Tuesday, April 16, 2019

Charlie Brice writes


I’d been sick for a year,
when they gave me a bone marrow test.
The doctor, oblivious to my five-year-old mind,
explained to my parents that the white cells
were eating the red cells.

My best friend’s sister, Sandy Risha,
died of leukemia that year,
the year of our Lord,
nineteen hundred and fifty-five.

I lived.

We got a dog, Lady K, a cocker spaniel
who was always sick.
One morning I woke up
and found Lady K dead in her box,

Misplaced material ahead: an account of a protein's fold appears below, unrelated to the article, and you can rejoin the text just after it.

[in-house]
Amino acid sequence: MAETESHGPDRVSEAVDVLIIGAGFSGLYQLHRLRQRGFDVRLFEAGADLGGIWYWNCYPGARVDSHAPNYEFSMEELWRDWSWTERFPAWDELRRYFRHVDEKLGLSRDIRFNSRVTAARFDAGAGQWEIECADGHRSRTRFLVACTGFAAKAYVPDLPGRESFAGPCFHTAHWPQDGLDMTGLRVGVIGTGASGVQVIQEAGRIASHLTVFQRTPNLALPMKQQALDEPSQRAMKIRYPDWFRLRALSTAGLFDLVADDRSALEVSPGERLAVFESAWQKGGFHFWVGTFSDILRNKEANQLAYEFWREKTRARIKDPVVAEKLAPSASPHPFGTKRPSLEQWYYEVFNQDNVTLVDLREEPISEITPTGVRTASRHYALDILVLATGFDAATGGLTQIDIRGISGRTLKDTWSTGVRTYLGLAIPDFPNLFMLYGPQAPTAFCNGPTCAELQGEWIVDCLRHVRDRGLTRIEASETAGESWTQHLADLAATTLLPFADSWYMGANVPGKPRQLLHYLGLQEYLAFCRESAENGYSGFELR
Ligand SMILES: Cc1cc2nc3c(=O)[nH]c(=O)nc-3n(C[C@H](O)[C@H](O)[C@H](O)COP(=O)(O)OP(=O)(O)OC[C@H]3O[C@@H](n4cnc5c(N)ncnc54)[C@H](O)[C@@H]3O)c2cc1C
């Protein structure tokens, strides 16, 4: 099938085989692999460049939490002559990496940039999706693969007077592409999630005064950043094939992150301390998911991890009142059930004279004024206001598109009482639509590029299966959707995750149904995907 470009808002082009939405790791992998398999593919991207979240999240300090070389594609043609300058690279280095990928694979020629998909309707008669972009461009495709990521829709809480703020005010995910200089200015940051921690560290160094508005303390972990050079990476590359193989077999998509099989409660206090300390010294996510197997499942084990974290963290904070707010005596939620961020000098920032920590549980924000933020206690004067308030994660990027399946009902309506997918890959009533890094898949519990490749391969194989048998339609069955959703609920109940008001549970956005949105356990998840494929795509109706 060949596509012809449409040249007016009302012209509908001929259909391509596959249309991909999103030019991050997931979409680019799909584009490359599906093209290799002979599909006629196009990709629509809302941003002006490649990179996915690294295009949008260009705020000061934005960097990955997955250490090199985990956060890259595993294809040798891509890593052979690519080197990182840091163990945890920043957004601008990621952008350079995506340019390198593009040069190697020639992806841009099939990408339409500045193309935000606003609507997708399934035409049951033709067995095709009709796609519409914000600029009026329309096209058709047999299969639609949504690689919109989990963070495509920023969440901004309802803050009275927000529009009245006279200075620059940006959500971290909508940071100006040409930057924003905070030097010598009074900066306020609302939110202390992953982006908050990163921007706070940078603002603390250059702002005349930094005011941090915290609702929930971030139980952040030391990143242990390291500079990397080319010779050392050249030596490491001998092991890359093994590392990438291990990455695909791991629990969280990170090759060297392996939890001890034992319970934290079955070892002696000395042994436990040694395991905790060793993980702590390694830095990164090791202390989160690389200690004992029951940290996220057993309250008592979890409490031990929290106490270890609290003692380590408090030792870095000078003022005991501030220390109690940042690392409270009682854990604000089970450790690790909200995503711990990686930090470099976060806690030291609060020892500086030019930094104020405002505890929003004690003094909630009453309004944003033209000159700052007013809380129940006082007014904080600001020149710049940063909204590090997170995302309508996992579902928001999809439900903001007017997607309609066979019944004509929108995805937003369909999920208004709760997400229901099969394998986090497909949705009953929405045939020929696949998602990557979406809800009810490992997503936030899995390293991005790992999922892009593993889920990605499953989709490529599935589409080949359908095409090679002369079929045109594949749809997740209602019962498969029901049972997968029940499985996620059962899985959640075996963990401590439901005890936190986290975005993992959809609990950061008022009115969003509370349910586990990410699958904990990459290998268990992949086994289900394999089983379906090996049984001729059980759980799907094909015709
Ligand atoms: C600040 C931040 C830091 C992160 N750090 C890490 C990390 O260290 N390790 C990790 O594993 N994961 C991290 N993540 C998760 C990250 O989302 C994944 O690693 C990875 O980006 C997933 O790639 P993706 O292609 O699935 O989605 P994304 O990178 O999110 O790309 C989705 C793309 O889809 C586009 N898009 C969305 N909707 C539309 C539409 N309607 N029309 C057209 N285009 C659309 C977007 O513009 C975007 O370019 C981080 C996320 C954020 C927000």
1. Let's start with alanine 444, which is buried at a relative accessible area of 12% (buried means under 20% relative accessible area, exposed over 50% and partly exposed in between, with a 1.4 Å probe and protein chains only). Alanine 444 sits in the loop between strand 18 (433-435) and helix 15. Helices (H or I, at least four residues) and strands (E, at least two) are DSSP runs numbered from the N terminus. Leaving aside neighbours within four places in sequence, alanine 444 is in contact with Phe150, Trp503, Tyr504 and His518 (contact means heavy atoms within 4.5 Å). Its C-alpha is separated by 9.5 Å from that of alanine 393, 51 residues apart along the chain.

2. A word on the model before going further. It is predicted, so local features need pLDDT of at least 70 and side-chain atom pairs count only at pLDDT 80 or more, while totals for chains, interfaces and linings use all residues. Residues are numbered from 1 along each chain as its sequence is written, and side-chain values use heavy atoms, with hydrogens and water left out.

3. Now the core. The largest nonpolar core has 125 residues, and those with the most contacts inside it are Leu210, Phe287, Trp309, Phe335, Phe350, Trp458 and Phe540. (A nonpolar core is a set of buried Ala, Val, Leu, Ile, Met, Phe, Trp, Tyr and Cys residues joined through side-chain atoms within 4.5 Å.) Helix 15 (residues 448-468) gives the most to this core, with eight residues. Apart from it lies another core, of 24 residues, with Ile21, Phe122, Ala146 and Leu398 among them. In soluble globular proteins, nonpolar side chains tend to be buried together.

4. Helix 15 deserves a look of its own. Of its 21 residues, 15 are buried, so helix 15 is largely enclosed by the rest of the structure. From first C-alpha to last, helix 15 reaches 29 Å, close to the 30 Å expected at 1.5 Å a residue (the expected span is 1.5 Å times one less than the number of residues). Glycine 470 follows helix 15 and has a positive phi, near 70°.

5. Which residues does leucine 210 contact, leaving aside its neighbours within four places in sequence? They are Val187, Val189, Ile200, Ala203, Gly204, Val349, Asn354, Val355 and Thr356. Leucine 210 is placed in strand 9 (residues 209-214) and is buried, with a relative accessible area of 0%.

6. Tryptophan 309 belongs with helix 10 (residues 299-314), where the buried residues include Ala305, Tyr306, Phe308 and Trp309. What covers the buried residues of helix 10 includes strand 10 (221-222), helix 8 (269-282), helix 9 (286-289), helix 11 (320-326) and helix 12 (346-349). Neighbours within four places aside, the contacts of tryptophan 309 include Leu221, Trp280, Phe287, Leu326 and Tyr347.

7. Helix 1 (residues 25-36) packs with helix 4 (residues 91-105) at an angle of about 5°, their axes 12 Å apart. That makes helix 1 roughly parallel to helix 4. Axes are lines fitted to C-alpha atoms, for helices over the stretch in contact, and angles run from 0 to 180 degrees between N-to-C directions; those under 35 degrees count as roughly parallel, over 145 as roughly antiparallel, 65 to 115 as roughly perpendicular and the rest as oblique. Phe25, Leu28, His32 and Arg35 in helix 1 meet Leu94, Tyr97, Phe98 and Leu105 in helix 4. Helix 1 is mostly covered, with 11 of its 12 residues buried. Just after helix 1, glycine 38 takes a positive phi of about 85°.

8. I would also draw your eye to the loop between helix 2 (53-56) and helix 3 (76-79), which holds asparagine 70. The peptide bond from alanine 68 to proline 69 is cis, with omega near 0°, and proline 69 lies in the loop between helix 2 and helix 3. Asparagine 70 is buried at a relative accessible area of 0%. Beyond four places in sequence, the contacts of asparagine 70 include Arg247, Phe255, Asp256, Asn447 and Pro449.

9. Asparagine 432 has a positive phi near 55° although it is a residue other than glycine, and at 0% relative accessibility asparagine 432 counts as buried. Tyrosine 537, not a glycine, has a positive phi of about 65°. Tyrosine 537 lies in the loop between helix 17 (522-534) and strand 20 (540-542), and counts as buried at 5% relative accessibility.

the same morning that my dad,
rumpled and red-eyed, arrived
home after a night of drinking and whoring.
He mocked my cries rather than face his embarrassment.

He made fun of my grief while my mother
railed at him for his drunken infidelity.

I knew then that,
in the family I called mine,
there was no place for me,
no place for me on this earth.
Final days: Victor Amato of the Monmouth County Society for the Prevention of Cruelty to Animals tells the Asbury Park Press the dog died being loved

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